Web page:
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Indian women are at higher risk of death due to Domestic Violence than American women: Study

According to the research domestic violence was found to increase the risk of death in Indian women by nearly 40 times than among the US women

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Street Play on domestic violence
Street Play on domestic violence. Wikimedia
  • Researchers from the University of Washington found three major causes of injury -fall, road traffic accidents and domestic violence
  • US men were three times as likely to die after sustaining a fall than US women
  • One in four female victims of assault in India actively seeks care after experiencing intimate partner violence

New York, USA, September 3, 2017:  Women in India are nearly 40 times more likely to die after being assaulted than their peers in the US, finds a comparative analysis of trauma data from both countries.

In the study, researchers from the University of Washington found three major causes of injury -fall, road traffic accidents and domestic violence.

Indian men were more likely to die after sustaining any one of the three categories of injury than either Indian women or US men and women.

On the other hand, US men were three times as likely to die after sustaining a fall than US women.

However, the greatest disparity in risk of death emerged for Indian and US women who had been assaulted -a difference the researchers described as “unparalleled”.

Domestic violence was found to increase the risk of death in Indian women by nearly 40 times than among the US women.

Importantly, evidence showed that only one in four female victims of assault in India actively seeks care after experiencing intimate partner violence.

In addition, both men and women in the US had between five and seven times lower odds of dying after a fall or a road traffic accident than did their counterparts in India, the researchers said.

“The higher odds of death for Indian females compared with US females suggest that there are other injuries and systemic factors that contribute to this discrepancy in mortality odds,” said Mohini Dasari, a researcher at the University of Washington.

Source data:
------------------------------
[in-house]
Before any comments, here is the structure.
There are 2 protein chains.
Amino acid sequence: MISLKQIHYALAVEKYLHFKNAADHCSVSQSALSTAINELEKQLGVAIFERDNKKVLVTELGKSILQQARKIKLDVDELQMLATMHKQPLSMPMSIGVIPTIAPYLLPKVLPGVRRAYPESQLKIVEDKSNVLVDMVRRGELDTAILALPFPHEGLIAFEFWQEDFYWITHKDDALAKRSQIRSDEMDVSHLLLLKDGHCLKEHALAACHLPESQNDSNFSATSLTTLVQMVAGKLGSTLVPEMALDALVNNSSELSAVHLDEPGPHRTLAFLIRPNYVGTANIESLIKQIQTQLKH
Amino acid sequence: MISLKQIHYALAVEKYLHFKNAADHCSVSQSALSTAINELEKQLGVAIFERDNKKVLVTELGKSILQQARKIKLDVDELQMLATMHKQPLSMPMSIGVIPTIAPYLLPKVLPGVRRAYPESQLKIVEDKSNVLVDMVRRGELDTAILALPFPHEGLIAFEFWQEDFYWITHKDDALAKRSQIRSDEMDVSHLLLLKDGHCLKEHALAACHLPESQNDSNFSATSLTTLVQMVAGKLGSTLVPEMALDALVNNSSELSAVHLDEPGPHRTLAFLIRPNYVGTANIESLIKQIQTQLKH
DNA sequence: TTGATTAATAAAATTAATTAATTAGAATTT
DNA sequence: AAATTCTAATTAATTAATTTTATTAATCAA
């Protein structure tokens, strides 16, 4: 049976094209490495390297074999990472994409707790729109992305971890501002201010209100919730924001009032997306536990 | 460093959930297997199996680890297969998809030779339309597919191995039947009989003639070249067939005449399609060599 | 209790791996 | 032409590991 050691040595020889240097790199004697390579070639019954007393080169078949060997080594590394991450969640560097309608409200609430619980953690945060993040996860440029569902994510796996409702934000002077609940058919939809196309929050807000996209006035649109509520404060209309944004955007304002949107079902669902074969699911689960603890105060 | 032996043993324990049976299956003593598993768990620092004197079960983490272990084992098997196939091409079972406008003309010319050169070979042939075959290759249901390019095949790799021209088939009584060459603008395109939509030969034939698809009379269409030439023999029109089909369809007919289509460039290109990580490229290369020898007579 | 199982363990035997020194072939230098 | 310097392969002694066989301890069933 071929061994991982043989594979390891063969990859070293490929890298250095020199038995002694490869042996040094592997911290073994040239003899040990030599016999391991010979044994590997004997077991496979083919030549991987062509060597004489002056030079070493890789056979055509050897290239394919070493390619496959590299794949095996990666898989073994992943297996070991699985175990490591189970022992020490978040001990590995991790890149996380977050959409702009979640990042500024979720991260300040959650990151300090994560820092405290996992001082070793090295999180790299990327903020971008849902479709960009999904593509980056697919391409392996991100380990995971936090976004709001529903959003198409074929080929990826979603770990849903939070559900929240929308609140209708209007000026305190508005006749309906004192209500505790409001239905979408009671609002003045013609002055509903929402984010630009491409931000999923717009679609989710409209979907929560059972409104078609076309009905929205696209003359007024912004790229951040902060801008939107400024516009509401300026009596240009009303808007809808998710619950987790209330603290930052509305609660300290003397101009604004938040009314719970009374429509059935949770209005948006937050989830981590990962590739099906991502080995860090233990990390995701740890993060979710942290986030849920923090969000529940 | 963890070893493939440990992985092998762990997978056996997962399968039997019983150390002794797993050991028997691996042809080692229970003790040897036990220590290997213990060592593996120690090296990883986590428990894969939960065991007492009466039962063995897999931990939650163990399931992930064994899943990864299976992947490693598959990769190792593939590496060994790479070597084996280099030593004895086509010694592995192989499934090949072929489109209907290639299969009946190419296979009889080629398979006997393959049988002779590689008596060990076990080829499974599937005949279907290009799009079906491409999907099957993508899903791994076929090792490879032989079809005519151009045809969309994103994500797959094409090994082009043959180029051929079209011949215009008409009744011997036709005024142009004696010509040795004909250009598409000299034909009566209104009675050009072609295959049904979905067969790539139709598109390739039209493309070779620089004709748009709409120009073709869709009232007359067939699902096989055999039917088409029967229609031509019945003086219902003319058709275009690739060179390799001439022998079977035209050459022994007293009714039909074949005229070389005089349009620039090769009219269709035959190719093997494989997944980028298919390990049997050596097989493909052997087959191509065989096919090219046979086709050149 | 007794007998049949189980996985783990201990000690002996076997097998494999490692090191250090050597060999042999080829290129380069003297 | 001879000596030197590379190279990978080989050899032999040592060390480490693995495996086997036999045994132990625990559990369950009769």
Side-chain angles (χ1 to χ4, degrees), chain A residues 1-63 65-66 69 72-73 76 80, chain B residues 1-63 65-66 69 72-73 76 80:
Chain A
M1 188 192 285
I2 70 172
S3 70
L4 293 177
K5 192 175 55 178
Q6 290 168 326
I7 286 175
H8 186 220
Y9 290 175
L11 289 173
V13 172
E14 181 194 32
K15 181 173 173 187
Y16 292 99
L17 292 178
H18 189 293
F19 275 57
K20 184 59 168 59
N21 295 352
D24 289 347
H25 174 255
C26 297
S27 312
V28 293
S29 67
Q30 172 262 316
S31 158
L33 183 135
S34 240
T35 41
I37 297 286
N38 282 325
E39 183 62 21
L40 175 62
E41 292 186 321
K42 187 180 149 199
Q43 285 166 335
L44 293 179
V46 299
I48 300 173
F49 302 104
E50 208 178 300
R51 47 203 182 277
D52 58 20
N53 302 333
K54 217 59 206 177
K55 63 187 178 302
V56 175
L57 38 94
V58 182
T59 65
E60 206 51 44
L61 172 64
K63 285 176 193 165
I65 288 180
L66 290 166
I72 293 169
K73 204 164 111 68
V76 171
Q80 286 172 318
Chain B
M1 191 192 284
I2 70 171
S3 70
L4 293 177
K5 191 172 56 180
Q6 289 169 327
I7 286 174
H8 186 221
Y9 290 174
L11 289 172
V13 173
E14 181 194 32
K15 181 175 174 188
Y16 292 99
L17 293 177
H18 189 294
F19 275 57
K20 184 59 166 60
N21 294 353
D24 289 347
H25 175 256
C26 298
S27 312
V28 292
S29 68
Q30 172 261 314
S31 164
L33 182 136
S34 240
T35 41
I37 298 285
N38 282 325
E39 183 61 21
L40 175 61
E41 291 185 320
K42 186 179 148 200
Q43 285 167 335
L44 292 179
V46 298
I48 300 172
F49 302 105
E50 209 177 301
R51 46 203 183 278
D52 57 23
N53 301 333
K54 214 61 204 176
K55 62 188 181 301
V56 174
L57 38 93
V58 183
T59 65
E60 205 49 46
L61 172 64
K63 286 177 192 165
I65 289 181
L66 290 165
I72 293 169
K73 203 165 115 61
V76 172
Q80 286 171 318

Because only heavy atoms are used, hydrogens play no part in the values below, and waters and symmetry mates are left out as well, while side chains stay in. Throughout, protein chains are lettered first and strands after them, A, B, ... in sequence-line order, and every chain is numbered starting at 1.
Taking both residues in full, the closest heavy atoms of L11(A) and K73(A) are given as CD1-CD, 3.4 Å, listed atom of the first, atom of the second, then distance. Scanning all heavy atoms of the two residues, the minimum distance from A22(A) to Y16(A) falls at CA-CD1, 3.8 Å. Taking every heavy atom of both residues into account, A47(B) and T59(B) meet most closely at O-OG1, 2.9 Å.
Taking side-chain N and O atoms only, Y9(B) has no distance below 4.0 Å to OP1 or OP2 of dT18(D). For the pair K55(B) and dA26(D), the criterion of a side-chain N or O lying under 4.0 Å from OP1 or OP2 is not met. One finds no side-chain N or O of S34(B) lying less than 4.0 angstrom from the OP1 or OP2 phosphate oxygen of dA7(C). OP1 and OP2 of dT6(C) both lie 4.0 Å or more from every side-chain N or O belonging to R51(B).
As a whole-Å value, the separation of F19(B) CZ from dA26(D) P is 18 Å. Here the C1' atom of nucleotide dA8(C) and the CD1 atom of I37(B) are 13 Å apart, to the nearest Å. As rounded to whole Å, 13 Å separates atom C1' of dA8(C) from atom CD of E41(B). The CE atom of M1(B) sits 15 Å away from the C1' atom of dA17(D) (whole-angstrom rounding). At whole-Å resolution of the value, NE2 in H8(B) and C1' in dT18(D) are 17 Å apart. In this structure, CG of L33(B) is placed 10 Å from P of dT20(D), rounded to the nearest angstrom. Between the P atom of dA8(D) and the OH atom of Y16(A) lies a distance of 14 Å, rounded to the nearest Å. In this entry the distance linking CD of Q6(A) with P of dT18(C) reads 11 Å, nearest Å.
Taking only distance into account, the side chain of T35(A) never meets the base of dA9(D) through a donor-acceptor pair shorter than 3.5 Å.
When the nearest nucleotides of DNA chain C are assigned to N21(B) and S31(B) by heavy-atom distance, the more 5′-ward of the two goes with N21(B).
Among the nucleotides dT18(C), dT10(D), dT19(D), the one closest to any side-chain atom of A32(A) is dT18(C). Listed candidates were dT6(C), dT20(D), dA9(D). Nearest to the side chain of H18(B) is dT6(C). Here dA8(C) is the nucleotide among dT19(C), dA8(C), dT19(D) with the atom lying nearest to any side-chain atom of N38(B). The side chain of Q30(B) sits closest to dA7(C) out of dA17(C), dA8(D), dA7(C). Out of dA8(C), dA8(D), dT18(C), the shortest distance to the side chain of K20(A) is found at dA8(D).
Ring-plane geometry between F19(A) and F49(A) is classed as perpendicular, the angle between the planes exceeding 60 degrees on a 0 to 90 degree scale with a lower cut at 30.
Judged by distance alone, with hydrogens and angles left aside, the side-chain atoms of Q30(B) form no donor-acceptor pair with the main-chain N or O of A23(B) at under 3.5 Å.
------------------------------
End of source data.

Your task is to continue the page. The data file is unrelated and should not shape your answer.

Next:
For the study, published in the online journal BMJ Global Health, the team drew on information submitted to Indian (11,670 cases) and the US (14,155 cases) trauma databases for 2013 to 2015.

The Indian database comprised patients from four hospitals in Kolkata, Mumbai, and Delhi, while the US database included patients treated at level 1 trauma centres in Pittsburgh, Pennsylvania. (IANS)

Next Story

Risk of Cervical Cancer Highest in Middle-aged Indian Women

" While PAP test is much more likely to miss precancerous cervical disease, HPV testing is more sensitive for detecting localised infection and marginally less sensitive for distant infection," Das noted

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Cancer
Cancer Ribbon. Pixabay

Nearly 50 per cent of middle-aged women in India were found to have positive cases of high-risk human papillomavirus (HPV) — the main risk factor for cervical cancer, says a report from SRL Diagnostics.

Human papilloma virus (HPV) is a group of viruses that are extremely common worldwide. There are more than 100 types of HPV, of which at least 14 are cancer-causing (also known as high risk type).

The virus is mainly transmitted through sexual contact and most people are infected with HPV shortly after the onset of sexual activity.

Two HPV types (16 and 18) cause 70 per cent of cervical cancers and precancerous cervical lesions.

Analysis of HPV test reports of 4,500 women pan-India between 2014 and 2018, showed that women aged between 31 and 45 years had the highest percentage of high-risk HPV at 47 per cent.

This was followed by 30 per cent of women aged between 16 and 30 years being affected by the risk.

Cancer survivor, flickr

Cervical cancer accounts for one-third of all global deaths, with 74,000 deaths occurring annually and is the second leading cause of cancer deaths among women in India.

However, “cervical cancer is also the only cancer which is preventable if care is taken in the initial stage”, said B.R Das from SRL Diagnostics in a statement issued here on Saturday.

“The high mortality rate from cervical cancer globally could be reduced through a comprehensive approach that includes screening, early diagnosis and treatment programmes,” he added.

Also Read- Premature to Say Social Media Use Leads to Depression

Besides vaccination before girls become sexually active, secondary prevention can be done by regular cervical smear of PAP smear which can pick up any abnormal cells in the cervix before they become cancerous.

“While PAP test is much more likely to miss precancerous cervical disease, HPV testing is more sensitive for detecting localised infection and marginally less sensitive for distant infection,” Das noted. (IANS)